There are several things these last months we could have done without. Most significantly, Charlie's EEG results did not bring the comfort we expected. In fact, quite the opposite! Charlie is experiencing some seizure activity. Our first reaction to this was to be frank - disbelief! Having seen so many seizures in the past, surely we'd have noticed? However, shortly after these unwelcome results, came some unpleasant nocturnal 'episodes', and all becomes clear - You don't notice anything when you're sleeping do you?
So we're back to sleep deprivation. Well I say back, I don't think we ever left it. Charlie sometimes has a good nights sleep but do Paul and I? - Not really! When he's grizzly, you really daren't ignore it and when he's peaceful, you're worried he isn't making any noise so you go and check on him anyway! - Poor chap can't win!
To cap it all, by the time everyone's settled, one of the girls almost invariably starts their nocturnal wanderings. There's literally always something happening in our house!
Charlie has also had some unexpected weight loss and whilst he certainly doesn't look malnourished, there's obviously some degree of professional concern that his weight's moving in the wrong direction particularly as he isn't the most active little boy.
One of his therapist's recent reaction to the news he had started to wave 'bye-bye' was:
"About bloody time you started doing something Charlie!"
I'm surmising from this that she isn't overly impressed with his general progress!
People ask innocently "Is he walking yet?" I answer, "Not quite!" - This is diplomaticaly stretching the truth as he isn't even safely sitting yet and his physio is obviously concerned he needs to start weight-bearing.
So admittedly so far, the glass is sounding at least half empty...except that isn't the way I feel. I've noticed something recently and it's this...People are ridiculously kind towards us - Both people we know, and people we don't. I find the kindness of strangers immensely touching and simultaneously puzzling. Charlie elicits smiles, gentle touches, wistful looks and good wishes from almost every stranger that bestows him more than a fleeting glance. Older ladies want to hold his hands and are clearly entranced by his smile. Older gentlemen treat me with a strange kind of reverence and often squeeze or pat my shoulder, or offer some similar fatherly and affectionate gesture I've done nothing to deserve.
I've been told I should find this patronising. - Well I'm sorry I don't! I think it's wonderful, firstly that Charlie clearly touches people and after meeting him they take away with them not just the memory of his smile but a reflection of it, and secondly, the gentle pats and squeezes, I see as recognition of the immense pride and love I have for him - I think it's tangible - and that's why people touch!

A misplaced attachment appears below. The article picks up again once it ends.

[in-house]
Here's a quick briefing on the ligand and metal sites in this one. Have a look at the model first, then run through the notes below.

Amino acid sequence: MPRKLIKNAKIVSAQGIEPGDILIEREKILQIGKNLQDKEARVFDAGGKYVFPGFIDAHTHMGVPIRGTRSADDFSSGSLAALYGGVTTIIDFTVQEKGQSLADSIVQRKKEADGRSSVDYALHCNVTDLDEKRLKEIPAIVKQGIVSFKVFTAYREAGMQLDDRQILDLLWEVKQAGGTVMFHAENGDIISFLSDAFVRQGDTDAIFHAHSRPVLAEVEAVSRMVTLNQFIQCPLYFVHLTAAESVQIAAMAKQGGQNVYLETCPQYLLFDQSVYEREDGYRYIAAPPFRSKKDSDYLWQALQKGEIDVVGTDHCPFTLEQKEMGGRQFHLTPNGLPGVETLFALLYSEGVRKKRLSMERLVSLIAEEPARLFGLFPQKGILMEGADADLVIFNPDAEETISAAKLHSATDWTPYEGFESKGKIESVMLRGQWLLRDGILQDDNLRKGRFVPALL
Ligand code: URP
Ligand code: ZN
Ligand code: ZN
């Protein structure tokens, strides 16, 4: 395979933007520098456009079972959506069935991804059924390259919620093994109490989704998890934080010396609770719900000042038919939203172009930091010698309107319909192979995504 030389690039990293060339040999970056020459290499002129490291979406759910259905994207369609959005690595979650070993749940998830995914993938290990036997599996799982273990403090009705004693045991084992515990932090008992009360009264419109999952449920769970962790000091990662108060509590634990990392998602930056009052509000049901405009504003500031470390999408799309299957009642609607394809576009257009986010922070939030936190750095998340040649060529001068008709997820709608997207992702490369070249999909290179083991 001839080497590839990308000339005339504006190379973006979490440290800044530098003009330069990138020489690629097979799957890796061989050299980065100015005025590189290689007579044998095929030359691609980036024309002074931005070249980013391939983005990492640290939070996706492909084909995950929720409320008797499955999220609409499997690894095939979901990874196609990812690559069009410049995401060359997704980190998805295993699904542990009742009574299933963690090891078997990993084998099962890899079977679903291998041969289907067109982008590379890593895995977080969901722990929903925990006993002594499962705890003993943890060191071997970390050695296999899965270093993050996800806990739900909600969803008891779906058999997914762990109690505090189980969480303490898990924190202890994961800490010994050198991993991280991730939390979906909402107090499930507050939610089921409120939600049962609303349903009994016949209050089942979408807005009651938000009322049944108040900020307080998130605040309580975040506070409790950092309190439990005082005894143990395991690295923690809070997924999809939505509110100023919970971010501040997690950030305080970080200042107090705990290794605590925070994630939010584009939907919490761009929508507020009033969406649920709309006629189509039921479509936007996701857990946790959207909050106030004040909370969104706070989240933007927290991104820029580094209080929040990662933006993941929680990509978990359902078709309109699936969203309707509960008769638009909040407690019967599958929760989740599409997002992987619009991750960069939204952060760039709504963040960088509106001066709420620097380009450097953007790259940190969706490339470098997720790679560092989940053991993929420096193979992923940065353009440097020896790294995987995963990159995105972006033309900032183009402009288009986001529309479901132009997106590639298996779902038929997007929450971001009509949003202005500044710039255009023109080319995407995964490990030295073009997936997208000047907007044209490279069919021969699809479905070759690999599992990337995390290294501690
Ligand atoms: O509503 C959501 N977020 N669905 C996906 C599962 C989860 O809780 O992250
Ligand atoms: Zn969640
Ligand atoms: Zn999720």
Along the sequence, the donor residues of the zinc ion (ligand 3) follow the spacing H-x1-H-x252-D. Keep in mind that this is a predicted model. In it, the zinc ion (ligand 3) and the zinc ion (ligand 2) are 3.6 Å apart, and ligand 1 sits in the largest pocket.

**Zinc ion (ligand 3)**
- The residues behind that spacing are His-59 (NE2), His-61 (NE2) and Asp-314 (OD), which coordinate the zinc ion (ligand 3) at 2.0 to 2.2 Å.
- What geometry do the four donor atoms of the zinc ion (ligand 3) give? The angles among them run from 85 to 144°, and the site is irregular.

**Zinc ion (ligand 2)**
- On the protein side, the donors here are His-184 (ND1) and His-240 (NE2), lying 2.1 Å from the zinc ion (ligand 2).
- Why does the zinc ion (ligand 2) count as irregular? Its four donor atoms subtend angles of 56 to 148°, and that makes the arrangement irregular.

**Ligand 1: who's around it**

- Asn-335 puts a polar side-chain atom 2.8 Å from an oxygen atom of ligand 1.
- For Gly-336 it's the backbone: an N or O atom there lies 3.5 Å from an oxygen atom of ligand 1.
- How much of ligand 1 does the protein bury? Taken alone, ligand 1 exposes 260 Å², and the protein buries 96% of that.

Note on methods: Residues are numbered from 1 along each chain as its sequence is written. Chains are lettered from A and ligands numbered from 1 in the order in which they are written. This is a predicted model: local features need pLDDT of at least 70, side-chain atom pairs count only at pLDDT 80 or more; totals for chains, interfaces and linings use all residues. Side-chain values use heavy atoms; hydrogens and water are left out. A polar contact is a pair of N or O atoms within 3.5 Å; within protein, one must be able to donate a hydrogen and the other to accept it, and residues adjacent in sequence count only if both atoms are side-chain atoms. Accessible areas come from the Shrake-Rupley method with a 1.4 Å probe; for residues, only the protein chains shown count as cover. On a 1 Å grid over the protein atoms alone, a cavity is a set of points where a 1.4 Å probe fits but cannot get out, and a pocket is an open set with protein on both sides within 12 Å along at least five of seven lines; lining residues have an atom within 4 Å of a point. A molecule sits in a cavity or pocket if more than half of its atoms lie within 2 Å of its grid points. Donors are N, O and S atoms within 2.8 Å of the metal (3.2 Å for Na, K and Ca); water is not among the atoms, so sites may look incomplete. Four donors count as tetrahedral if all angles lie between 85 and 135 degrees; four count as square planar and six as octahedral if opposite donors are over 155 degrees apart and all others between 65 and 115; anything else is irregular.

I'm afraid I don't hold with the popular view that you shouldn't use words like 'normal' and 'disabled'. Why not? Charlie isn't normal and he is disabled! The term 'differently-abled' has that 'do-gooder' ring to it and I'm willing to bet it wasn't originally coined by someone with, or a relation of someone with a genuine disability. I don't feel stigmatised by or ashamed of these terms and labels and I'll make sure Charlie isn't. I think it's part of the same attitude that enables me to feel pleasure and not defensiveness in the face of these 'kindnesses'. I'm grateful for them. They are a huge plus amidst a stream of little minuses at the moment and I hope they continue!
People we know also show us great kindnesses. Too many to mention, although a recent one is noteworthy. My friend's husband recently made us a beautiful sandbox. Not a small affair but a great big, 'fit-all-three-in -at once', lovely piece of garden furniture. With the left over wood he made a lovely planter in which Caitlin, Claudia and Charlie now have their own miniature tree and flowers. He wouldn't accept any payment despite the fact that these gifts would have cost us hundreds to buy. His wife also reliably informed me that he would be mortified by the surprise gift we were planning by way of a thank-you, because he 'just wanted to do it!' He wouldn't even hear of a crate of beer which has always been Paul's fail-safe thank-you plan. Apparently it was reward enough to know that the children would get enjoyment from his efforts. So by way of a thank you Alan, there's some evidence at the top of this post and some more in the gallery at Charlie's website:
and also a personal thanks from Paul and I - it's acts of generosity like yours that keep us feeling that the glass is more than half-full - it's over-flowing!